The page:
This month takes a look at LGBT rights across the world in 2019 – and how, sadly, persecution is still part of the daily life of a member of the LGBT+ community.
A brief history of LGBT rights in the United Kingdom & Why we celebrate and recognise Pride
The Criminal Law Amendment Act 1885 UK made any homosexual act illegal. The Act became better known as the Blackmailer’s Charter as it was so ambiguous, even a letter between two male friends showing a sign of affection could bring prosecution.
It wasn’t until 1967 that the UK Government implemented recommendations from a report written nearly a decade prior, resulting in the Sexual Offences Act 1967. This legalised same-sex acts in the UK between men over the age of 21.
The month of June was chosen for LGBT Pride Month to commemorate the Stonewall riots; a series of spontaneous, violent demonstrations by members of the gay community against regular & violent police raids which occurred at the end of June 1969 at the Stonewall Inn, NYC . Police raids on gay bars were routine in the 1960s.
The Stonewall Riots were followed by several days of demonstrations in New York and was the driver for the formation of the Gay Liberation Front as well as other gay, lesbian and bisexual civil rights organisations. It's also regarded by many as history's first major protest on behalf of equal rights for homosexuals. These groups came together to concentrate efforts on establishing safe places for gays and lesbians to be open about their sexual orientation without fear of being arrested.
So, 52 years later, where are we with LGBT rights in the UK and the World?
Having sex with a partner of the same sex is illegal in over 70 countries around the world, many still resulting in life imprisonment and even punishable by death.
A quick Google search for ‘LGBT rights around the World 2019’ brings up 112 million results in less than half a second. That is an awful lot to read, take in and fact check against.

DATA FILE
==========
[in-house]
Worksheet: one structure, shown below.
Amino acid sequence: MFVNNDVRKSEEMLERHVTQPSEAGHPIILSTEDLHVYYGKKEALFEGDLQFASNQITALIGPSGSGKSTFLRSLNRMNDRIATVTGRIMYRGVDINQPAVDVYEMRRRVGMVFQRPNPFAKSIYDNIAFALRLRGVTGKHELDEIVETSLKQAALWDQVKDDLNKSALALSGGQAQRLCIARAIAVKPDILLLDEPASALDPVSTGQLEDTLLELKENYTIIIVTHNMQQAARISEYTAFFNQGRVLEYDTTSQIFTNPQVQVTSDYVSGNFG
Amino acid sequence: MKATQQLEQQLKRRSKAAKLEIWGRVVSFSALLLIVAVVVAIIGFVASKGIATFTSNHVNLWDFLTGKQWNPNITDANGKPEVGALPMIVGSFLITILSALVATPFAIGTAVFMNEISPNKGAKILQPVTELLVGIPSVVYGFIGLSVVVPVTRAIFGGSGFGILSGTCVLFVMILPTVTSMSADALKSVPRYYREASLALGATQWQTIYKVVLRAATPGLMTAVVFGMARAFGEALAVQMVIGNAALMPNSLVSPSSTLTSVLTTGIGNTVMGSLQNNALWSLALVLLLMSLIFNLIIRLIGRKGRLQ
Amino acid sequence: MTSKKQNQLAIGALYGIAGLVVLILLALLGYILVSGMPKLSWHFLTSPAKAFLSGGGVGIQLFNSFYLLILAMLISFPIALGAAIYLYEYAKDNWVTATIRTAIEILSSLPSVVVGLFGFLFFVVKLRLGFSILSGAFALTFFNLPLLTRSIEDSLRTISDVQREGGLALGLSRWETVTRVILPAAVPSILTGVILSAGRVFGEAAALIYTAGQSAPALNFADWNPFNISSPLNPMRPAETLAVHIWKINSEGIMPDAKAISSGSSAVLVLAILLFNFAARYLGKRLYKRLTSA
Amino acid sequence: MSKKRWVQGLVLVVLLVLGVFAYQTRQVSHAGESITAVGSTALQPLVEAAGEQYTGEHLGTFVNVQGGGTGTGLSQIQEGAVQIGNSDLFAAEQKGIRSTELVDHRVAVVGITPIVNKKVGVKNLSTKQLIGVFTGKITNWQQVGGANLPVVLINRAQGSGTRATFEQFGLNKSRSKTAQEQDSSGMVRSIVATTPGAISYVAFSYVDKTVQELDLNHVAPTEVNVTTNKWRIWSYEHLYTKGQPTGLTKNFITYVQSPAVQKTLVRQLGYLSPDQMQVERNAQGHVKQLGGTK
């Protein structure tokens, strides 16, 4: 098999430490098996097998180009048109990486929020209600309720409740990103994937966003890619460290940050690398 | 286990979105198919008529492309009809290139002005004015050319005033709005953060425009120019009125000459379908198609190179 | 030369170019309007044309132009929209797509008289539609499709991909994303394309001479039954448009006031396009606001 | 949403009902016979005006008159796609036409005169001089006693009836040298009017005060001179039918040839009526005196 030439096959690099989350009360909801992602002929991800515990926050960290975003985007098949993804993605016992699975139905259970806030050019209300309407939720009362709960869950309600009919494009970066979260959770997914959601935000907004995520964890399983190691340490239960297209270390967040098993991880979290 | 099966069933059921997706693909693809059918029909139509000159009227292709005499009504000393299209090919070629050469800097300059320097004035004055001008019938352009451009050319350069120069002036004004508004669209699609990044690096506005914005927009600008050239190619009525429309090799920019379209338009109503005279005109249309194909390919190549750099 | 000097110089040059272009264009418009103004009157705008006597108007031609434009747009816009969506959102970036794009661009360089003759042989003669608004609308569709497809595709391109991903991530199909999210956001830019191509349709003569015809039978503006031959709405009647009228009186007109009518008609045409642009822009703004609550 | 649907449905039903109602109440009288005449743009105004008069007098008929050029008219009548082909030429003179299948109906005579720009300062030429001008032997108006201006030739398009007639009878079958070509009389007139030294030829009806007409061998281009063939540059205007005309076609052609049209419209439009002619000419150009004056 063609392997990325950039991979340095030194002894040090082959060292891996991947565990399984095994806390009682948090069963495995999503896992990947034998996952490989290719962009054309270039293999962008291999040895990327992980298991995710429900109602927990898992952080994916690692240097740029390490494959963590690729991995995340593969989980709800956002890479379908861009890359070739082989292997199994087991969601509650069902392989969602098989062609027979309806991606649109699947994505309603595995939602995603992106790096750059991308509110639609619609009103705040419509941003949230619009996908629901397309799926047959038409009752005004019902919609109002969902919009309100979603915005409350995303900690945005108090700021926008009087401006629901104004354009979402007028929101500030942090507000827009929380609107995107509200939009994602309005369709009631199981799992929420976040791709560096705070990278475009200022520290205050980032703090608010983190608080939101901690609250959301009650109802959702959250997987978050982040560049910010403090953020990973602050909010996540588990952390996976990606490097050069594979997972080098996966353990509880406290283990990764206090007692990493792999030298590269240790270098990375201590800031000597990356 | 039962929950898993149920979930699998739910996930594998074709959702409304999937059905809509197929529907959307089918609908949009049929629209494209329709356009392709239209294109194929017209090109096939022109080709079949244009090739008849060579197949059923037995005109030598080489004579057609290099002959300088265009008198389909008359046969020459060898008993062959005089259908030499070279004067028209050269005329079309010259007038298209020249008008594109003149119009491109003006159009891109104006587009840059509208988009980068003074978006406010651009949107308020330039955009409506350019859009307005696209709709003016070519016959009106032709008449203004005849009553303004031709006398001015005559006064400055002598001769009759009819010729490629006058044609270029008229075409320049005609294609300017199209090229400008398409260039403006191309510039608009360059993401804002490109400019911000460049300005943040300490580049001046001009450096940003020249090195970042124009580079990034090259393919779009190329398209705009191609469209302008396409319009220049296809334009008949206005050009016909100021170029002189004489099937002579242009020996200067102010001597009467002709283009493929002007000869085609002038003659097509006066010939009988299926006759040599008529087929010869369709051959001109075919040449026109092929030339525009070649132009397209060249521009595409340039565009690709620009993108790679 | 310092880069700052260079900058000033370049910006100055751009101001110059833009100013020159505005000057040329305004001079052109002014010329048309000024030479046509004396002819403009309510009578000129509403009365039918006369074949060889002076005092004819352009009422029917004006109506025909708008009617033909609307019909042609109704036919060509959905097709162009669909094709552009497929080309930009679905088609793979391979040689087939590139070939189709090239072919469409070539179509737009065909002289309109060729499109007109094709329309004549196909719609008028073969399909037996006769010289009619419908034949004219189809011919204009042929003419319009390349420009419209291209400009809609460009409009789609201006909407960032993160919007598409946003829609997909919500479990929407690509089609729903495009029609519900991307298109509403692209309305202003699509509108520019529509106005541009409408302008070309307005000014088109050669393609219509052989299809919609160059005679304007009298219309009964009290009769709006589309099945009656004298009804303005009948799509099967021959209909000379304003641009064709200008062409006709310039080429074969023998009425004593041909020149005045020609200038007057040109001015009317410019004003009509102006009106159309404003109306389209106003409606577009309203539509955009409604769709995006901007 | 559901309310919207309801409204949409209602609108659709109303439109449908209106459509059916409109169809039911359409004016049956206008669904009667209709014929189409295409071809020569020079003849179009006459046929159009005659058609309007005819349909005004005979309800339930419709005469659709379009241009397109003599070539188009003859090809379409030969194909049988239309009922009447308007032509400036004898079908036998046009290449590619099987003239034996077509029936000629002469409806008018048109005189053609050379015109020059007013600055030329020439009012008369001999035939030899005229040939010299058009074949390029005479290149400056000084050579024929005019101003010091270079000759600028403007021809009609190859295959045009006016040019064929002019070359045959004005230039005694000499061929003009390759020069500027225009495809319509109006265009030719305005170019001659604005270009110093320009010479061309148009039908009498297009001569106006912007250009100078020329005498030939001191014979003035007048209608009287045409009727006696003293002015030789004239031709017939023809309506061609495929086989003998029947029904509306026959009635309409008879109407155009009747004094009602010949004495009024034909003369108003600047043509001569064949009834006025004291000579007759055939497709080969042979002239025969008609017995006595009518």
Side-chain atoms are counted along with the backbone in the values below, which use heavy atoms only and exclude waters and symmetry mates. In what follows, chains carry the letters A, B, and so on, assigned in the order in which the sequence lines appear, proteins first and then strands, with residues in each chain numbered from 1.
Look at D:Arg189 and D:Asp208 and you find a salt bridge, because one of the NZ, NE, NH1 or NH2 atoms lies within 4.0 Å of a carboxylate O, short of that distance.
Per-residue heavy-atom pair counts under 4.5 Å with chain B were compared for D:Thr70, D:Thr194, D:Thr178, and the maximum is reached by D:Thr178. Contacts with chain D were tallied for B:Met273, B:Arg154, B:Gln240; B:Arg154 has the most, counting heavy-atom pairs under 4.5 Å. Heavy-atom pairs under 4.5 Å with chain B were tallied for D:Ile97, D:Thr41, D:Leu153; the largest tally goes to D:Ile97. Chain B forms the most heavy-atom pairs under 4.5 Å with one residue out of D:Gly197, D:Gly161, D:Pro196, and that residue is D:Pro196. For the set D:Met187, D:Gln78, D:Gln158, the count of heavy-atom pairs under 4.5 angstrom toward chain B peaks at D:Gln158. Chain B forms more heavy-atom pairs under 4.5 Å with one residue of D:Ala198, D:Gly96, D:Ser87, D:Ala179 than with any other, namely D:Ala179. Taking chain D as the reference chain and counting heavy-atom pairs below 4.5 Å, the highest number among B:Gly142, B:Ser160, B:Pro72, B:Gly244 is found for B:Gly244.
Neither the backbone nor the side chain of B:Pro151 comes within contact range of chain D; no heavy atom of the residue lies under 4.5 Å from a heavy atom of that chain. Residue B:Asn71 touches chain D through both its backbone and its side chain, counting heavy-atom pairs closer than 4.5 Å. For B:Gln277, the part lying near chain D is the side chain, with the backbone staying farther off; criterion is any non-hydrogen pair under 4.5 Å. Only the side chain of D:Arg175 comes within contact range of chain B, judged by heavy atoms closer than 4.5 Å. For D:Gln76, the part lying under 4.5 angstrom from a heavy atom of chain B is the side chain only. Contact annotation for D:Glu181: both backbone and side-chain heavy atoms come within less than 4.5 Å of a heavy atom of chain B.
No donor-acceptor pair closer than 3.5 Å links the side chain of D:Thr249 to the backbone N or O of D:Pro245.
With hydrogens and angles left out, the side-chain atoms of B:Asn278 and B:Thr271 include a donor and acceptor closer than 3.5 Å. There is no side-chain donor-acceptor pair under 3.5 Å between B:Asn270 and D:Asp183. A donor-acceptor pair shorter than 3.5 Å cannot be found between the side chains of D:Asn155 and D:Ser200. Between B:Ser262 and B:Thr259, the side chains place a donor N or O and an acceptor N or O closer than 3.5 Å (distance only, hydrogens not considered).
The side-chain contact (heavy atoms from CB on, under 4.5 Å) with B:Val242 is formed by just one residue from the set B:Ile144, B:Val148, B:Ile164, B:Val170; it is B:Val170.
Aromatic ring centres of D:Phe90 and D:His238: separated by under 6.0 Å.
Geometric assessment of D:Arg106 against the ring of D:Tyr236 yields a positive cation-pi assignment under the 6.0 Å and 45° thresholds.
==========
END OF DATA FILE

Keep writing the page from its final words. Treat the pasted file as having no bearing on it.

So we thought we would highlight some of the top articles of the first quarter of 2019 showing the variety of opinions expressed around the world:
1. January 2019 – Japan’s top court upholds a ruling that transgender people must be sterilised before changing gender.
2. March 2019 – Thailand elects its first transgender MP, filmmaker Tanwarin Sukkhapisit.
3. April 2019 – The City of London Corporation undertook a survey (back in 2018 but have only just released the results) on trans inclusion in public services. Of those surveyed 68% said that people should have access to services, including toilets, which match their gender identity and not birth gender (if different). Perhaps more surprising is that 29% of those who took part in the survey thought the users should provide proof of their gender identity at single-gender services and facilities.
4. April 2019 – Lyra McKee, gay journalist and LGBT rights activist, shot dead while reporting at the scene of riots that broke out in Northern Ireland. Police believe she was not targeted specifically but was wounded when a republican fired shots into the crowd. Lyra was described as a rising star of investigative journalism. It is important to note that while her death is not necessarily related to her being an LGBT rights activist, the LGBT community around the world suffered a great loss over the Easter weekend.
5. April 2019 – Brunei implements stoning to death under anti-LGBT laws.
6. May 2019 - Taiwan recently pledged to say yes to equal marriage. The first of any Asian state to legalise same-sex marriage with the passage of legislation giving gay couples the right to marry.
7. May 2019 - Transgender no longer recognised as 'disorder' by WHO, The World Health Organization.
Many people see the fight for LGBT rights in Western civilisation as being finished. However, though the UK has taken huge steps in such a short space of time, persecution is still part of the daily life of a member of the LGBT community.
HOWEVER! We received some fantastic news last month when the House of Lords gave its backing to mandatory LGBT-inclusive sex education in English schools. A landslide vote of 538 to 21 means that, from September 2020, the new regulation will come into effect, ensuring a whole new generation will be equipped with the education and knowledge to help combat the ignorance and prejudices which fuel homophobic, biphobic and transphobic abuse.
So as we start to come into Pride seasons around the UK, why not go along and help the LGBT community celebrate their individuality, the huge steps forward the UK have made and most importantly the pride of being who you want to be. Get Involved in this year’s Swindon & Wiltshire Pride Festival of Identity!